SustainabilitySocial Issues

How to Organize Corporations for Improved Sustainability

In recent years, corporate social responsibility (CSR) has become increasingly important in many companies. An important part of becoming more socially responsible is doing something to fight climate change by becoming more environmentally sustainable. Specifically, this goal is achieved by reducing the global carbon footprint. While this sounds simple, achieving environmental sustainability remains a difficult task for big and small corporations. How can a company, whose main purpose is to generate profit, do something to fight climate change without hurting its business? First, management needs to be willing to see CSR not as something that reduces their immediate profit, but as a long-term investment that can positively affect their future success. Once that’s the case, however, a lot still needs to be done. Here are a few ways that companies can change themselves to help the environment.

1. Start with the building

Sustainable technology used in construction and maintenance can reduce the carbon footprint of buildings themselves. A few examples of these technologies include solar panels, rainwater harvesting and on-site sewage treatment to reuse wastewater, and low-emittance windows. Moreover, many specific sustainable behaviours of employees can be encouraged by adding certain amenities to a building that will make them easier to maintain, such as showers and lockers for those who bike to work. 

How to Organize Corporations for Improved Sustainability

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2. Use human resources initiatives

A few examples of how human resources (HR) can get involved include online recruitment (saving paper), telecommuting, and online training (so employees can forgo energy-expensive transportation). Additionally, HR can support change when management wants to add new environmental policies, and implement an organizational culture focused on sustainability. It can do so because change can be a challenge for employees, and HR professionals usually have extensive knowledge in managing conflict. They are also often involved in the writing up of company policies for employees, and in the reinforcement of these same policies, which puts them in an important position to influence employee behaviour.

3. Get everyone involved

It’s not just about hiring environment specialists; it’s about using different types of skills and knowledge together to improve a company’s sustainability. For example, sustainability should be integrated in all financial aspects, and in various other branches of a company such as marketing, design, manufacturing, and research and development. Sustainability shouldn’t be an added bonus. It’s possible to include it in every part of a company.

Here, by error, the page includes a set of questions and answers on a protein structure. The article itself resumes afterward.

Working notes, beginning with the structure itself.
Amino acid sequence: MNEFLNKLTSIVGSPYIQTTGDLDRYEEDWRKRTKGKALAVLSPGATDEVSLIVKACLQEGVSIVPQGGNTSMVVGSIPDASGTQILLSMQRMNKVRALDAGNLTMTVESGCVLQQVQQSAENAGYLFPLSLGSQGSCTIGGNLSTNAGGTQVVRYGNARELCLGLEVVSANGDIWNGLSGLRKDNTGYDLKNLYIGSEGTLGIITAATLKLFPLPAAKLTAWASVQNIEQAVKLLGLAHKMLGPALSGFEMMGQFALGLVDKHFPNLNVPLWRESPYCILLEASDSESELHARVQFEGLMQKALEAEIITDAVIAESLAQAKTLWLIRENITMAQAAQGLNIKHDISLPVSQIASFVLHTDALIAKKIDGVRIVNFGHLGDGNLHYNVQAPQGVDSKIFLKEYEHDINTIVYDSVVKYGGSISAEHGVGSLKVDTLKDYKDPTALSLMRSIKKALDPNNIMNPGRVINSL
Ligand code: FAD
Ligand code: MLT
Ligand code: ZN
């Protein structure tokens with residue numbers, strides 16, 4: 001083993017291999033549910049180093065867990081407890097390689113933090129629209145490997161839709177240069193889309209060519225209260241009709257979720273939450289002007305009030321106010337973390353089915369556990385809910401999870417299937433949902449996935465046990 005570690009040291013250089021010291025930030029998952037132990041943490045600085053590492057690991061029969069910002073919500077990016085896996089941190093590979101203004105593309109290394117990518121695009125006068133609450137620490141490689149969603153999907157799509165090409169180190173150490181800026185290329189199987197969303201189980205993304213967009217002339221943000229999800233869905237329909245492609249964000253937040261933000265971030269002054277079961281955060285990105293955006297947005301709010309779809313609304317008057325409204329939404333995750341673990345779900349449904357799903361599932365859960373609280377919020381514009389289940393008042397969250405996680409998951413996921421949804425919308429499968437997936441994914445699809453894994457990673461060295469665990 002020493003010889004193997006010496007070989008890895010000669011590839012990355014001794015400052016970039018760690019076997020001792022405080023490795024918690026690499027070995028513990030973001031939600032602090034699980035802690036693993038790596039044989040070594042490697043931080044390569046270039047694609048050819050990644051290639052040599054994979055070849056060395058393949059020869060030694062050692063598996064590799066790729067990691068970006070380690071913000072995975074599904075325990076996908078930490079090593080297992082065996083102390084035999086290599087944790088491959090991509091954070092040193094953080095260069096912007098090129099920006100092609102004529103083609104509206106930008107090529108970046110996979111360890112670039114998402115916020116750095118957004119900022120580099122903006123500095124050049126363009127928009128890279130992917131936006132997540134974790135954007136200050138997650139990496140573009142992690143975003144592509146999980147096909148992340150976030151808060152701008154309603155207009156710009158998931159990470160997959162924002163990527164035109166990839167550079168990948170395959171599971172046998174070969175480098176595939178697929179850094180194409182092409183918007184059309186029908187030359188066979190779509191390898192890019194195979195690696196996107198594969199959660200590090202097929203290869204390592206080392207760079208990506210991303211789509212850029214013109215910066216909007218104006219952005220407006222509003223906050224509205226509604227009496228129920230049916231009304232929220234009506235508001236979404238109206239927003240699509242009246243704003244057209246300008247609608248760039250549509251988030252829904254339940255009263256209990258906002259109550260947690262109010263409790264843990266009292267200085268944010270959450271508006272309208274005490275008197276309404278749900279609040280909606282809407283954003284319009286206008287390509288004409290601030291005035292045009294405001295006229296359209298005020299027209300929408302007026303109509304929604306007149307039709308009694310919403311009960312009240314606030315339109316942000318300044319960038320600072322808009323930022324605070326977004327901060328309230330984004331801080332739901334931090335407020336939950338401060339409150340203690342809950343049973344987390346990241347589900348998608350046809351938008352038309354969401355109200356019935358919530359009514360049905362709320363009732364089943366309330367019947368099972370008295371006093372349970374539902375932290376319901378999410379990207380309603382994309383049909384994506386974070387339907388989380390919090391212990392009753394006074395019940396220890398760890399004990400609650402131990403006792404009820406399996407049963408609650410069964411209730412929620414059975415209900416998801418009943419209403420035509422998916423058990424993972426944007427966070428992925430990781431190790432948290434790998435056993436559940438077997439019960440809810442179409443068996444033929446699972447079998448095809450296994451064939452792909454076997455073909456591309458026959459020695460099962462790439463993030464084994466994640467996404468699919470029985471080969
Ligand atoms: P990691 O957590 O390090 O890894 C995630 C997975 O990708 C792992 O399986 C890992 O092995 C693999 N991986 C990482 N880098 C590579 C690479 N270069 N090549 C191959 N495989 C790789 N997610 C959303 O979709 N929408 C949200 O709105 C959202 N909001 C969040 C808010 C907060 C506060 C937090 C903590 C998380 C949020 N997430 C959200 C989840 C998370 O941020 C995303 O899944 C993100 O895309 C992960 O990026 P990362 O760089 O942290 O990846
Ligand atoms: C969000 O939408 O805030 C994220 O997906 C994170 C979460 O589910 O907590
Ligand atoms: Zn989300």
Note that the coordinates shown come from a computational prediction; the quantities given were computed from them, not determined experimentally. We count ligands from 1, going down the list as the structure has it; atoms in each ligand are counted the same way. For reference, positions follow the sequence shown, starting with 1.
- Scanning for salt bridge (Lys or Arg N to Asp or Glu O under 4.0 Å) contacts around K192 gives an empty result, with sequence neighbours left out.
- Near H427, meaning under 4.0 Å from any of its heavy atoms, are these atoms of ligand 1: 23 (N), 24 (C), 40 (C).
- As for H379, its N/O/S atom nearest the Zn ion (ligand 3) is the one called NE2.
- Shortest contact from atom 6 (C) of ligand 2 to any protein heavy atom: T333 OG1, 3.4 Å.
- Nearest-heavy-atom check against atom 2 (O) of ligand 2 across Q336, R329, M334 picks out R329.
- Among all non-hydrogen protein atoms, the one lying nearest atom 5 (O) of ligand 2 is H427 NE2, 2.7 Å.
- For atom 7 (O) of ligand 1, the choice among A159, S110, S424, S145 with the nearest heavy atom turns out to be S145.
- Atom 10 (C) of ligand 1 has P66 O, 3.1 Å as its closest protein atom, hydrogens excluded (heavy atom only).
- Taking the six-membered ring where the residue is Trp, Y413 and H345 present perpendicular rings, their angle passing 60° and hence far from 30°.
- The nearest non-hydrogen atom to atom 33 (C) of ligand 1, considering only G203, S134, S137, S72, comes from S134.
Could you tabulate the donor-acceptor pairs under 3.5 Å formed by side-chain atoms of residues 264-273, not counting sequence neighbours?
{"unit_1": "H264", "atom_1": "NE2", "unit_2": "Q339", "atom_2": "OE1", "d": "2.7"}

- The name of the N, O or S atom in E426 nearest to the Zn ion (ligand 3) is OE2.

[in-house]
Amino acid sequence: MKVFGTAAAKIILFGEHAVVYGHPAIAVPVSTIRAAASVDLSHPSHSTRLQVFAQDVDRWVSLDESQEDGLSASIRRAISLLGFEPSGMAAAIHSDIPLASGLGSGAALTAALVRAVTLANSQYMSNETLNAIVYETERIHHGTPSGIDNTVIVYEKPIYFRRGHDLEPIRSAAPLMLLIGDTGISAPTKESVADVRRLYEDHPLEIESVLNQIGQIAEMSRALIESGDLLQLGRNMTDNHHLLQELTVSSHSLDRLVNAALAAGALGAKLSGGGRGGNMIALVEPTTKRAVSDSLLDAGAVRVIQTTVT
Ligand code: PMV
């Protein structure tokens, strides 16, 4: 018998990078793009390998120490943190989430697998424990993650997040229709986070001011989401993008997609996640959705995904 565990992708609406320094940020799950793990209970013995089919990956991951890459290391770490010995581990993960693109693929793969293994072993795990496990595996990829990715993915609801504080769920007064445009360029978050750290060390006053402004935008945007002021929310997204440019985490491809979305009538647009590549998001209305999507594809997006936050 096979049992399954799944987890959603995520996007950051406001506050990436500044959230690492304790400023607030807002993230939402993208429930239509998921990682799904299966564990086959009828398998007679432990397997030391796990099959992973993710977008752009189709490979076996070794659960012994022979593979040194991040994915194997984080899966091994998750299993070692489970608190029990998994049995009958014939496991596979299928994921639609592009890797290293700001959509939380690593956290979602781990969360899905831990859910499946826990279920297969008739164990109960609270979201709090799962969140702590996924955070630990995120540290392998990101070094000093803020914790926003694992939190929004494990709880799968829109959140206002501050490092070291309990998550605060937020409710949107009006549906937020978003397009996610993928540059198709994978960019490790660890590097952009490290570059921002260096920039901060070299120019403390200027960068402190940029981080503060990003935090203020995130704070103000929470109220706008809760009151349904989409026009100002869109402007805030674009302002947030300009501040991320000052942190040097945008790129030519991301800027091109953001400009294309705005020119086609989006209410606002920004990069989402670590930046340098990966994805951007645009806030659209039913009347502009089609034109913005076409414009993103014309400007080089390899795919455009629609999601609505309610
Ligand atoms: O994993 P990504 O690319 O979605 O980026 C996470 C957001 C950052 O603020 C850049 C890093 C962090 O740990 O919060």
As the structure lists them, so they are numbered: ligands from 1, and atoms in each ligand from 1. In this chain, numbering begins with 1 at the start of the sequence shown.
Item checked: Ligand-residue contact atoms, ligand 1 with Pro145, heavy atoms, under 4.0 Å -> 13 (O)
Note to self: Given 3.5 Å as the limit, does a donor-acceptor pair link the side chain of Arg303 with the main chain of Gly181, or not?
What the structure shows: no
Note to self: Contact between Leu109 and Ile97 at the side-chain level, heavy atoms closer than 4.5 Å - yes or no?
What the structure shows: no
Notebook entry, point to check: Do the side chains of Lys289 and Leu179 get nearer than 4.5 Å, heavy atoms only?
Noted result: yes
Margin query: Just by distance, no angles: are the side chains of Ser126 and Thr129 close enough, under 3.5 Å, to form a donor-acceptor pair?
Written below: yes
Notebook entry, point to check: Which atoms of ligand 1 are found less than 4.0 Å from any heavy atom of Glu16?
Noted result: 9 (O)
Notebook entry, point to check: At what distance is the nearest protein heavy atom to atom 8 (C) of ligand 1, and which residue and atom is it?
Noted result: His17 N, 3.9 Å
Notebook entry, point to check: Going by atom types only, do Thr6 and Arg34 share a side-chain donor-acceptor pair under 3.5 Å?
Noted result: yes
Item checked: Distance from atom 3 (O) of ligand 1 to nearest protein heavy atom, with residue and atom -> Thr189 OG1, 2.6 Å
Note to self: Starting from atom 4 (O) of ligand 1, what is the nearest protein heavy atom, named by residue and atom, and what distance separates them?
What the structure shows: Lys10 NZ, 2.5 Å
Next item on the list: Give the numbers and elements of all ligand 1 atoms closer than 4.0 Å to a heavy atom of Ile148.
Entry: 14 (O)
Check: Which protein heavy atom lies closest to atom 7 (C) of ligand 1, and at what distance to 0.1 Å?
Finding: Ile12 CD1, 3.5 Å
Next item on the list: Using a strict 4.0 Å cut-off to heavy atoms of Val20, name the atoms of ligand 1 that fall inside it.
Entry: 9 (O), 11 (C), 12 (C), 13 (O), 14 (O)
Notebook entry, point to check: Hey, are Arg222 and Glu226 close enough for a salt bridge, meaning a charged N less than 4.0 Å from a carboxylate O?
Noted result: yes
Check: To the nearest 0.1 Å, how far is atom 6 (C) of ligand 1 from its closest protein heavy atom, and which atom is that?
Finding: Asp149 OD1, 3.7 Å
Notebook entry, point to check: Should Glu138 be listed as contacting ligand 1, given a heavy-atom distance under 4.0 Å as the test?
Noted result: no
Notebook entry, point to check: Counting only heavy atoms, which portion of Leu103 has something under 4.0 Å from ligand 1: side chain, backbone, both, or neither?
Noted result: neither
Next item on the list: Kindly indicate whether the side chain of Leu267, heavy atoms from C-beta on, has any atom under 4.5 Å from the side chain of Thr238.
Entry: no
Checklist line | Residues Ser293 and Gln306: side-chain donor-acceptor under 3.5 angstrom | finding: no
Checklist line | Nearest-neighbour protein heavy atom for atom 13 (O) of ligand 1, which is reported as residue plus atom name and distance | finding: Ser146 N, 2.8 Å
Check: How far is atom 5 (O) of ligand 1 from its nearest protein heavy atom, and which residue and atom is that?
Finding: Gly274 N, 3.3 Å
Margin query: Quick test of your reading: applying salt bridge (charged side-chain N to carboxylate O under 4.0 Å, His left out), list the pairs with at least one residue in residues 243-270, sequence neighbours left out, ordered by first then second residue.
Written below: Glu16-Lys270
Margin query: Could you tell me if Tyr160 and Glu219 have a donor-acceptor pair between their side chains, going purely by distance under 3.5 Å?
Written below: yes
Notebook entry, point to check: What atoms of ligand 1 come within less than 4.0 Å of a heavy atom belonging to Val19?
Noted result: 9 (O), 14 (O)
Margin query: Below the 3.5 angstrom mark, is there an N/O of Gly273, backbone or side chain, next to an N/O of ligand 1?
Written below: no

How to Organize Corporations for Improved Sustainability

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4. Get the right kind of leadership

It has been argued that leaders who can effectively achieve corporate social responsibility goals have certain characteristics. Mainly, they embrace change, diversity, and conflict. They also generally show courage, perseverance, and self-efficacy, and they have a strong emotional and social intelligence. Hence, it is important for a company to consider these qualities when in the process of selecting a candidate for manager roles, especially if it is serious about implementing sustainability initiatives.

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Managers and CEOs are not the only ones who can change companies to become more socially responsible. In fact, everyone can encourage corporate social responsibility initiatives individually as consumers by supporting the right kinds of companies. You can have a look at Newsweek’s annual green ranking of companies in the US and internationally to get an idea of who is helping the environment the most. Additionally, anyone can improve companies through their own career – whether you are a student working a summer job at the local restaurant, or a product designer in a big corporation. All you need is the willingness to engage in sustainable behaviour, and help your company and coworkers to do the same.

Author

How to Organize Corporations for Improved Sustainability
Psychology student at McGill University whose research focuses on cultural groups interactions, inequalities, and discrimination.